There’s so much hype surrounding crowdfunding and for good reason. Stories like the one of Ouya, a game console developer that raised $950,000 in just 8 hours on Kickstarter capture our imaginations. In 2012 alone, over 2 million people pledged approximately $319 million on Kickstarter while global crowdfunding is predicted to grow to $6 billion in 2013.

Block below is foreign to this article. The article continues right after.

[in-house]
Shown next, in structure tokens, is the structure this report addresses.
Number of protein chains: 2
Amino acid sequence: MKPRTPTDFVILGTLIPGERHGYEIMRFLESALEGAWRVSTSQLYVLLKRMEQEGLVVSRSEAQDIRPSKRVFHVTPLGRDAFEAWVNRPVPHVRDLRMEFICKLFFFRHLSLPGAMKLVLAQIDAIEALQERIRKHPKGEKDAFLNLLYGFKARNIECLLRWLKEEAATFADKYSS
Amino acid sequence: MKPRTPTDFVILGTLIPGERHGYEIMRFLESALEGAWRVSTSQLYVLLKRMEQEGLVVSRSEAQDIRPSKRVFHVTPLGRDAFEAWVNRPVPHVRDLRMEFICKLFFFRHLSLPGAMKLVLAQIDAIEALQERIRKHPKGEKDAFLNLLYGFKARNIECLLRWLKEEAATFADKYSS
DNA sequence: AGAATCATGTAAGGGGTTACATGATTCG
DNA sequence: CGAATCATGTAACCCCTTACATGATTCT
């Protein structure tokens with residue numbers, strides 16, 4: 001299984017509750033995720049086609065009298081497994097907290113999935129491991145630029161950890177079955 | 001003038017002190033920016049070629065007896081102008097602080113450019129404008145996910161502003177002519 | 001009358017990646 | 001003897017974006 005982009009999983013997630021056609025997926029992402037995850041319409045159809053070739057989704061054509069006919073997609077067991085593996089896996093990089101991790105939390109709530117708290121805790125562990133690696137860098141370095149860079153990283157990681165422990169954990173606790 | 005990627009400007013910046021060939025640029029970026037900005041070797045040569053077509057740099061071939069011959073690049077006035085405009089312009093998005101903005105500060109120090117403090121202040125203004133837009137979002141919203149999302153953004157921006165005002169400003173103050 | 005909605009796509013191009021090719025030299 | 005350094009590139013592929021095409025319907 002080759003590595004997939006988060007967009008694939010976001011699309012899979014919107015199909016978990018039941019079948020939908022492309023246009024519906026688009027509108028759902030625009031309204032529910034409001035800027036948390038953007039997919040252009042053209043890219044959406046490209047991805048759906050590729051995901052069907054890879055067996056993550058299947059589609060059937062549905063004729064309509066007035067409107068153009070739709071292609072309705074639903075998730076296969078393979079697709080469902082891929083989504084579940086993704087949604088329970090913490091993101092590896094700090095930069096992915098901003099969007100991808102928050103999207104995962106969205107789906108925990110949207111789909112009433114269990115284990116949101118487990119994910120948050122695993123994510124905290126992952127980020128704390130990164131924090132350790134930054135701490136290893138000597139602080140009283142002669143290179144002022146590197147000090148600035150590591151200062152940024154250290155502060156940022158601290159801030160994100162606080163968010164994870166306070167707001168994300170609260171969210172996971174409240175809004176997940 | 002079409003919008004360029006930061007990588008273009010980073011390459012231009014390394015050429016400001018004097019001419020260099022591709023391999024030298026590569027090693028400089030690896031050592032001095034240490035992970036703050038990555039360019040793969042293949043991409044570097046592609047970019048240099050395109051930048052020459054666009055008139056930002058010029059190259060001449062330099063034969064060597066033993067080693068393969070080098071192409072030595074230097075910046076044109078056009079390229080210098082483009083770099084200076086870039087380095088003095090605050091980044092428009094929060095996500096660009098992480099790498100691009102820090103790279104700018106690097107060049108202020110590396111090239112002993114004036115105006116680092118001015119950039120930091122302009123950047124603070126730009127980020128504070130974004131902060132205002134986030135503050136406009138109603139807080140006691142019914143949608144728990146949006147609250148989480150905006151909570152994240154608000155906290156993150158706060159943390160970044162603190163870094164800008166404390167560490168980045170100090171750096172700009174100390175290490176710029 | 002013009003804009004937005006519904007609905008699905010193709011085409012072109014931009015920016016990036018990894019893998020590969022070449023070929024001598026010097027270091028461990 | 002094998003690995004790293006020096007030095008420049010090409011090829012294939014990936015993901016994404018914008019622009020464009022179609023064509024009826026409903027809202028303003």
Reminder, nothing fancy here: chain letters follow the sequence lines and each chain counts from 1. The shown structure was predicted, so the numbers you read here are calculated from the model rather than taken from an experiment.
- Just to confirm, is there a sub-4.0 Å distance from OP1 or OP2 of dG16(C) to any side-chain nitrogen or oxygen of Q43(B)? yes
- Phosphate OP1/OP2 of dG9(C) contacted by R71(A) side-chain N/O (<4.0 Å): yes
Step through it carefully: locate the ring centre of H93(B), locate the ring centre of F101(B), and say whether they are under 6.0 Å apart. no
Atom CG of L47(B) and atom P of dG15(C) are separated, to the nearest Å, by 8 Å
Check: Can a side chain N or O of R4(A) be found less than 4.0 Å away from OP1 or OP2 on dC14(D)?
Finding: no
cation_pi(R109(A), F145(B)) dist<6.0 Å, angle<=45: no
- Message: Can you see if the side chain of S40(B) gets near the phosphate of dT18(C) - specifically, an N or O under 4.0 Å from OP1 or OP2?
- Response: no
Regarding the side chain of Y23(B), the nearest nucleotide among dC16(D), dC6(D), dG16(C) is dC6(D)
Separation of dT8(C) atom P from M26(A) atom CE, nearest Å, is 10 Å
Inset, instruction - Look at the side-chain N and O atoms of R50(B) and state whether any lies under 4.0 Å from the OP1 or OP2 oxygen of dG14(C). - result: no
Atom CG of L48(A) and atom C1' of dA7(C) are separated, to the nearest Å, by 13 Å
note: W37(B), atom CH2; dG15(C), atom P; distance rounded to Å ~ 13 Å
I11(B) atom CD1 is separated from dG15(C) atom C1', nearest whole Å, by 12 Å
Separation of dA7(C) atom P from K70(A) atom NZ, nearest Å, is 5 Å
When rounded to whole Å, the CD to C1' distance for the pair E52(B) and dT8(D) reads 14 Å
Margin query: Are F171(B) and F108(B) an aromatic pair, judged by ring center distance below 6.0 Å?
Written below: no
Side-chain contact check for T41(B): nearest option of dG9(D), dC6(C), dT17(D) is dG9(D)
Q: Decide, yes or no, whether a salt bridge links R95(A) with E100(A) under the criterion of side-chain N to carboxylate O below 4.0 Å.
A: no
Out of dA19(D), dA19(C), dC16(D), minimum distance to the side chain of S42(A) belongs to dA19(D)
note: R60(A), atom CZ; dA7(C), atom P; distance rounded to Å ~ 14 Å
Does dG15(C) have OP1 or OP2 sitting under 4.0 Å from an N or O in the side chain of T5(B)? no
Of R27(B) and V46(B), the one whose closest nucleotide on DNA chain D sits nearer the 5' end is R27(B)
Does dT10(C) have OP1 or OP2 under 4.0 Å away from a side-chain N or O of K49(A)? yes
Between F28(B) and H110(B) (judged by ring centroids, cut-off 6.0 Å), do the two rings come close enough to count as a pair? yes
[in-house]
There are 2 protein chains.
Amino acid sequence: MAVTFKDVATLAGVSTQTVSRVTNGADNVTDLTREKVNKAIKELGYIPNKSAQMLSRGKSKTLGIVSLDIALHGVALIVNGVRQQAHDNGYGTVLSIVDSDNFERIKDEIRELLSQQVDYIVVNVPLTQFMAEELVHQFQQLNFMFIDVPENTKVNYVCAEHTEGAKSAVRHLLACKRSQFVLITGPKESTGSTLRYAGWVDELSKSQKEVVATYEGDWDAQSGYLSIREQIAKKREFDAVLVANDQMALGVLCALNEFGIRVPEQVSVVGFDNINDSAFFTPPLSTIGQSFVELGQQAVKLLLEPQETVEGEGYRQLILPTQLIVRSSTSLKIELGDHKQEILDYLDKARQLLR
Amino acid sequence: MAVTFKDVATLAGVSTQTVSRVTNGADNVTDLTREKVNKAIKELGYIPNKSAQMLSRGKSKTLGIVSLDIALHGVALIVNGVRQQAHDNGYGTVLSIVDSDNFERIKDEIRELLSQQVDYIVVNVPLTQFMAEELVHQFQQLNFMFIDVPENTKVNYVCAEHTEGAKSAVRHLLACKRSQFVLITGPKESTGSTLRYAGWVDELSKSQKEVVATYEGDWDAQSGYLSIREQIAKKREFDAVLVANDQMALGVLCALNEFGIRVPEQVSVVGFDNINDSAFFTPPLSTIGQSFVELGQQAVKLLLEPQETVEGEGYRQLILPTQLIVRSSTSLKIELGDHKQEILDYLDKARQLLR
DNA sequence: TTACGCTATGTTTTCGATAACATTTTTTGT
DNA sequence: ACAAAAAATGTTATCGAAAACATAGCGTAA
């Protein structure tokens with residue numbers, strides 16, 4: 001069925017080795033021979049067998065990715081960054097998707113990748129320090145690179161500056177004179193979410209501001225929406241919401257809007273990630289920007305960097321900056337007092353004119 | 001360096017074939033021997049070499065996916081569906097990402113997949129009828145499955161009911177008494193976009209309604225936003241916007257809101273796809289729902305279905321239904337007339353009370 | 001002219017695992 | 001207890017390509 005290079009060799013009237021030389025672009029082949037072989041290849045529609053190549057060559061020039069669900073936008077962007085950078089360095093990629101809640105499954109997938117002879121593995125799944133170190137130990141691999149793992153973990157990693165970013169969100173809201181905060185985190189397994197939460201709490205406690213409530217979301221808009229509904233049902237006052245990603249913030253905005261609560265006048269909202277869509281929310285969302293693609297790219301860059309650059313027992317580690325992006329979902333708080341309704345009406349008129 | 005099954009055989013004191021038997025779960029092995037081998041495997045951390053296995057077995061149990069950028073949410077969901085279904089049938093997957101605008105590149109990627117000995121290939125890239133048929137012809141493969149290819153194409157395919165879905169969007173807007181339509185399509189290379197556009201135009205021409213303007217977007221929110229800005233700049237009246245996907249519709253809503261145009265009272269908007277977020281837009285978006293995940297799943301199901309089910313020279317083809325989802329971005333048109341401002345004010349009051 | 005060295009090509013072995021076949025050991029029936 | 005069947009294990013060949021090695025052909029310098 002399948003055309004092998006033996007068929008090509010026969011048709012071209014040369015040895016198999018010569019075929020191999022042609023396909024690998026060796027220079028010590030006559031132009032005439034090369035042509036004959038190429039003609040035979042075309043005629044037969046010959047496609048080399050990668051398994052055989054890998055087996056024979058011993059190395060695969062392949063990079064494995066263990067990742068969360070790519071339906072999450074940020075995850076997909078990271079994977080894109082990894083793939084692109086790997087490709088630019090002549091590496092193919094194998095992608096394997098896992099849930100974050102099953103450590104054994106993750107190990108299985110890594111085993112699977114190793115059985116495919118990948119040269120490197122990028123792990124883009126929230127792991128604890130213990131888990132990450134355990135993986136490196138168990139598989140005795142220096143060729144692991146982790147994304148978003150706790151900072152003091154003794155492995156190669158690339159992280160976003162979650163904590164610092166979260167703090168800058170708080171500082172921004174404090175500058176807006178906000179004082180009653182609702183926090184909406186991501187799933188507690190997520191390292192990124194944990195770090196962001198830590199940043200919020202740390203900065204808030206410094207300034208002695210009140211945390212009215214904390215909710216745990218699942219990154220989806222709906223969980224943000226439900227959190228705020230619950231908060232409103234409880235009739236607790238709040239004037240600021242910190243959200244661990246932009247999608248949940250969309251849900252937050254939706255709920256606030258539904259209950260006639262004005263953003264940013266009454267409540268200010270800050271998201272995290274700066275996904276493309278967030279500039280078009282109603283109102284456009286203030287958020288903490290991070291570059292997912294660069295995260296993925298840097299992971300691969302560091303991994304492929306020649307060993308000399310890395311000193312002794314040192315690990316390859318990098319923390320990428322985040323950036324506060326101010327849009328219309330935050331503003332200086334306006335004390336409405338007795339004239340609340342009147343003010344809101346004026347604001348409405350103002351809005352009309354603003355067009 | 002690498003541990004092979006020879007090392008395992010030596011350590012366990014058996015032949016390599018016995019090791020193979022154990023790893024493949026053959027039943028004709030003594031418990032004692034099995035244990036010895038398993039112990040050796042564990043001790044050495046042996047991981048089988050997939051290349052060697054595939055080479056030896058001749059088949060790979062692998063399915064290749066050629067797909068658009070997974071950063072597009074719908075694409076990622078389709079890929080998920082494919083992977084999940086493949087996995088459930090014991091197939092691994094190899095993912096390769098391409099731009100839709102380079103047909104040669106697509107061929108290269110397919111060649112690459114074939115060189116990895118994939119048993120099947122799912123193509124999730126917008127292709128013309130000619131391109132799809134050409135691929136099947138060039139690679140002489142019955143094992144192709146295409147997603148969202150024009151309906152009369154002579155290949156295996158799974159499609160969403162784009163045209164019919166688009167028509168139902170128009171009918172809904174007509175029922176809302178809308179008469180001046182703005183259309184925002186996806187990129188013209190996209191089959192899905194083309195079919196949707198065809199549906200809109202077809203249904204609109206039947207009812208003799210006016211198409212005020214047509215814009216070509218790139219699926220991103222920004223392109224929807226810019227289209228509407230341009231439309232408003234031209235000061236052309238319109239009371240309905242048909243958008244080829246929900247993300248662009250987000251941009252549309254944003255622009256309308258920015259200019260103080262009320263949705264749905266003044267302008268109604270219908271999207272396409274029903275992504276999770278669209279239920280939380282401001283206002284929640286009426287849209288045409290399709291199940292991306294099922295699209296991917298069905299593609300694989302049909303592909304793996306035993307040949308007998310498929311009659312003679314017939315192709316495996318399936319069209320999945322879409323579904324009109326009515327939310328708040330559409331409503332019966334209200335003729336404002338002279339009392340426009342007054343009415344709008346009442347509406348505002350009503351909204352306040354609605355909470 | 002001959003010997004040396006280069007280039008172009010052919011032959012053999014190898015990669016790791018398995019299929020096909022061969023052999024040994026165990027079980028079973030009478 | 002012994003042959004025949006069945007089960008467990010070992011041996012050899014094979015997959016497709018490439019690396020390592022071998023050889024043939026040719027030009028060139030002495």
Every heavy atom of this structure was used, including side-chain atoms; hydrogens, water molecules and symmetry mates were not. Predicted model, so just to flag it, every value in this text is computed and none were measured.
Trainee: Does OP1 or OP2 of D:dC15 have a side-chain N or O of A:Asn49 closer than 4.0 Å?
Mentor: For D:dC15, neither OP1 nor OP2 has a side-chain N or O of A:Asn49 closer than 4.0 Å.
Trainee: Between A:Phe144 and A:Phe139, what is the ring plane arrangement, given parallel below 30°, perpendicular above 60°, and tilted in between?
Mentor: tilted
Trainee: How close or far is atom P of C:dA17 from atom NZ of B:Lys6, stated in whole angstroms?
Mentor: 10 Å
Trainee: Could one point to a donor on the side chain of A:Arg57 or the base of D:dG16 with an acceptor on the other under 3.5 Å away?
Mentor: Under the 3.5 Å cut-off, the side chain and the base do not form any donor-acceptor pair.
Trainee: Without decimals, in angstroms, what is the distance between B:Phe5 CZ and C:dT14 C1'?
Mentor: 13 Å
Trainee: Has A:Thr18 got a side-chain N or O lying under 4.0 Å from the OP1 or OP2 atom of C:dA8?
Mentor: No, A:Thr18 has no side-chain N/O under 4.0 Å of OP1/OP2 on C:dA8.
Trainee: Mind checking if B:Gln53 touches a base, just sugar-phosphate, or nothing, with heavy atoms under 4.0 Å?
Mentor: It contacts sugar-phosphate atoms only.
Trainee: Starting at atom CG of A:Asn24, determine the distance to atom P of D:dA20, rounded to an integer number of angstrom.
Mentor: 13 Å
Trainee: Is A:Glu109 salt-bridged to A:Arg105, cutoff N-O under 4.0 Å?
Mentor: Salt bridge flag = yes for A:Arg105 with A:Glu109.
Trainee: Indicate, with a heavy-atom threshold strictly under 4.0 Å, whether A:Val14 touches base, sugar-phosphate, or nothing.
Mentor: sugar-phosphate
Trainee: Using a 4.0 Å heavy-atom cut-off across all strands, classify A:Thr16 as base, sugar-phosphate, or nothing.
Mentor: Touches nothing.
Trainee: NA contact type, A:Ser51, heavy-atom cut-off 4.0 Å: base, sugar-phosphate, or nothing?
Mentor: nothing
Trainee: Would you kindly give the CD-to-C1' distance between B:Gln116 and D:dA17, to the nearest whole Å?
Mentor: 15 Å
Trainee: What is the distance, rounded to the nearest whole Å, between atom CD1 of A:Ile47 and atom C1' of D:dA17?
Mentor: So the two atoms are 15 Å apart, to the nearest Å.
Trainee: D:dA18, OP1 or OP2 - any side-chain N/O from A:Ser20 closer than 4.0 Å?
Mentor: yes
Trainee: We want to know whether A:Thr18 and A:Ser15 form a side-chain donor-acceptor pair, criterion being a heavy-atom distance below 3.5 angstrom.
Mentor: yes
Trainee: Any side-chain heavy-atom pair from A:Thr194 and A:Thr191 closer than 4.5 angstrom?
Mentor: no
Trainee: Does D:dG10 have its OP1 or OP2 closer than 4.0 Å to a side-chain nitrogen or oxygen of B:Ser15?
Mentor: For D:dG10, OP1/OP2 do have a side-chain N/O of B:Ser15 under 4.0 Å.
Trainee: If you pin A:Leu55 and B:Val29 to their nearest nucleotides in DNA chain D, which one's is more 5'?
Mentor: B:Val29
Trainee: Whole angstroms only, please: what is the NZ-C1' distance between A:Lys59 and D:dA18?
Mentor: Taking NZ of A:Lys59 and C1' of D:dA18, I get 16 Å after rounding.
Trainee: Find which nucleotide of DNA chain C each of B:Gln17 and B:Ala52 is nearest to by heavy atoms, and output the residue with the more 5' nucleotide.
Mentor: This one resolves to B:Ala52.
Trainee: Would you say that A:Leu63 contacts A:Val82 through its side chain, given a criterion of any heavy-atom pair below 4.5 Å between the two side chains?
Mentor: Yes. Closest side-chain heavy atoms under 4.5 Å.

So far so good. But existing crowdfunding models are based on donation and reward based models where backers donate money to projects with no prospect of enjoying the upside of a successfully funded crowdfunding project. That’s where equity-based crowdfunding comes in. Rather than donate money in a crowdfunded business, backers, or more precisely, investors, invest money in the business and in return receive shares or other similar equity interests in the business with the prospect of sharing in the upside. It sounds simple but raising money from investors in this way requires compliance with the securities laws which until the enactment of the JOBS Act last April were ill-equipped to accommodate this kind of money-raising.
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